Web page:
We are preparing for the Kendall premiere of So Flo Floods on Wednesday, August 7th, at 5:30 pm at St. Luke’s Episcopal (Anglican) Church, in conjunction with the Ladies of St. Luke's who will be preparing a lovely tea for all. Suggested contributions are $10 which go in equal measure to support St. Luke’s and TheoEco Institute.
We are actively pursuing several ways to use our documentary, So Flo Floods, to its fullest and one of those is the So Flo Floods STEAM Competition for Miami Beach Senior High where students are participating in the creation of potential touring museum exhibits to complement the film.
So Flo Floods is a film very close to our hearts as both of the producers grew up in Miami. But in the making of the film we realized that South Florida (So Flo) is much bigger than just Miami—it stretches from Naples on the west coast of Florida to localities as far north as Palm Beach and Stuart. It includes both South Beach’s Art Deco hotels and South Florida’s ubiquitous suburban sprawl. It includes beautiful beaches and the Everglades’ wilderness. The risk to the entire area is absolute and the interest is international.
So Flo Floods is a film about how sea level rise and flooding are affecting, have affected, and will affect South Florida, while also providing an illustration for all similarly vulnerable coastal and low-lying areas in the US and worldwide. It paints pictures not theoretical. It is a documentary done by passionate people on a mission to educate and entertain.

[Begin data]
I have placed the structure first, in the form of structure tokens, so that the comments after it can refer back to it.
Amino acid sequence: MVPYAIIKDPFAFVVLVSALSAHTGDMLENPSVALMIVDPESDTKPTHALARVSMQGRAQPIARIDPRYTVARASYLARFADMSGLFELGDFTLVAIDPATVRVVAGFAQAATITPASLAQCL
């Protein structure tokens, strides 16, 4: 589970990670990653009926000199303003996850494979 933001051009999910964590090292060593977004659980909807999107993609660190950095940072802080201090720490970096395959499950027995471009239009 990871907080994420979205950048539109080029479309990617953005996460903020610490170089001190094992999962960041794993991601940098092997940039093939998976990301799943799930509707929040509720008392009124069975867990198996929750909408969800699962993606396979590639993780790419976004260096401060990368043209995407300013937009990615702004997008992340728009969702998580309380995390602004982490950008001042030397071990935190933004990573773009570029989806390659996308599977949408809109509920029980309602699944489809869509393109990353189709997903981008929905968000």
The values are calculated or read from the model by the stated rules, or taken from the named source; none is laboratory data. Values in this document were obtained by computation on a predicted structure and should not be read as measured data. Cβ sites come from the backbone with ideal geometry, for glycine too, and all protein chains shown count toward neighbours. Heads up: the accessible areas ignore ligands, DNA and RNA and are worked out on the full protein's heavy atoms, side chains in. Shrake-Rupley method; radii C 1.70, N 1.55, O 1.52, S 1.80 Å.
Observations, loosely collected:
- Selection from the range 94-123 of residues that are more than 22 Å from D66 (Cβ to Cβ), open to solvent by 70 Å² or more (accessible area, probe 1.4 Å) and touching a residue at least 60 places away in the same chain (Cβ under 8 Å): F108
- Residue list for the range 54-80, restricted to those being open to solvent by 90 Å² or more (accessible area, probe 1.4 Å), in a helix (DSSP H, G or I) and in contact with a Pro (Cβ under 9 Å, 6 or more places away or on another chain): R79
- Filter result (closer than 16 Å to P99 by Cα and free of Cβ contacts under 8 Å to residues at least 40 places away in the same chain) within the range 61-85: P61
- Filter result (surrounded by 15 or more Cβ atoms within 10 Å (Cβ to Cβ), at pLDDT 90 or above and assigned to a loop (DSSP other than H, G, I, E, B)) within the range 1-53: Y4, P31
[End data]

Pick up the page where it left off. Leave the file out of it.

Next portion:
The So Flo Floods World Premiere is on June 16th, 2019 at 3pm at the Miami Beach Cinematheque.
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So Flo Floods, a feature-length documentary, tells the story of flooding in South Florida—flooding that has happened in the past, is happening now, and will continue to happen in the future.
It has been a full year since the initial screening at University of Miami and we have been very busy re-shooting and editing.
To see the film’s trailer click below...
Sea level rise is often talked about as something to be dealt with in the future, but in Miami Beach it is being dealt with, head-on, right now. It is not an academic exercise. So Flo Floods features unique footage to tell the story of what is going on in this world renowned and economically vital city. The film also takes us to Lake Okeechobee and The Herbert Hoover Dike as flood control in South Florida is inherently tied to “Lake O,” which naturally wants to flood into South Florida. The Hoover Dike allows great control over the lake but with significant tradeoffs among the economic, political, and environmental interests which are all intertwined.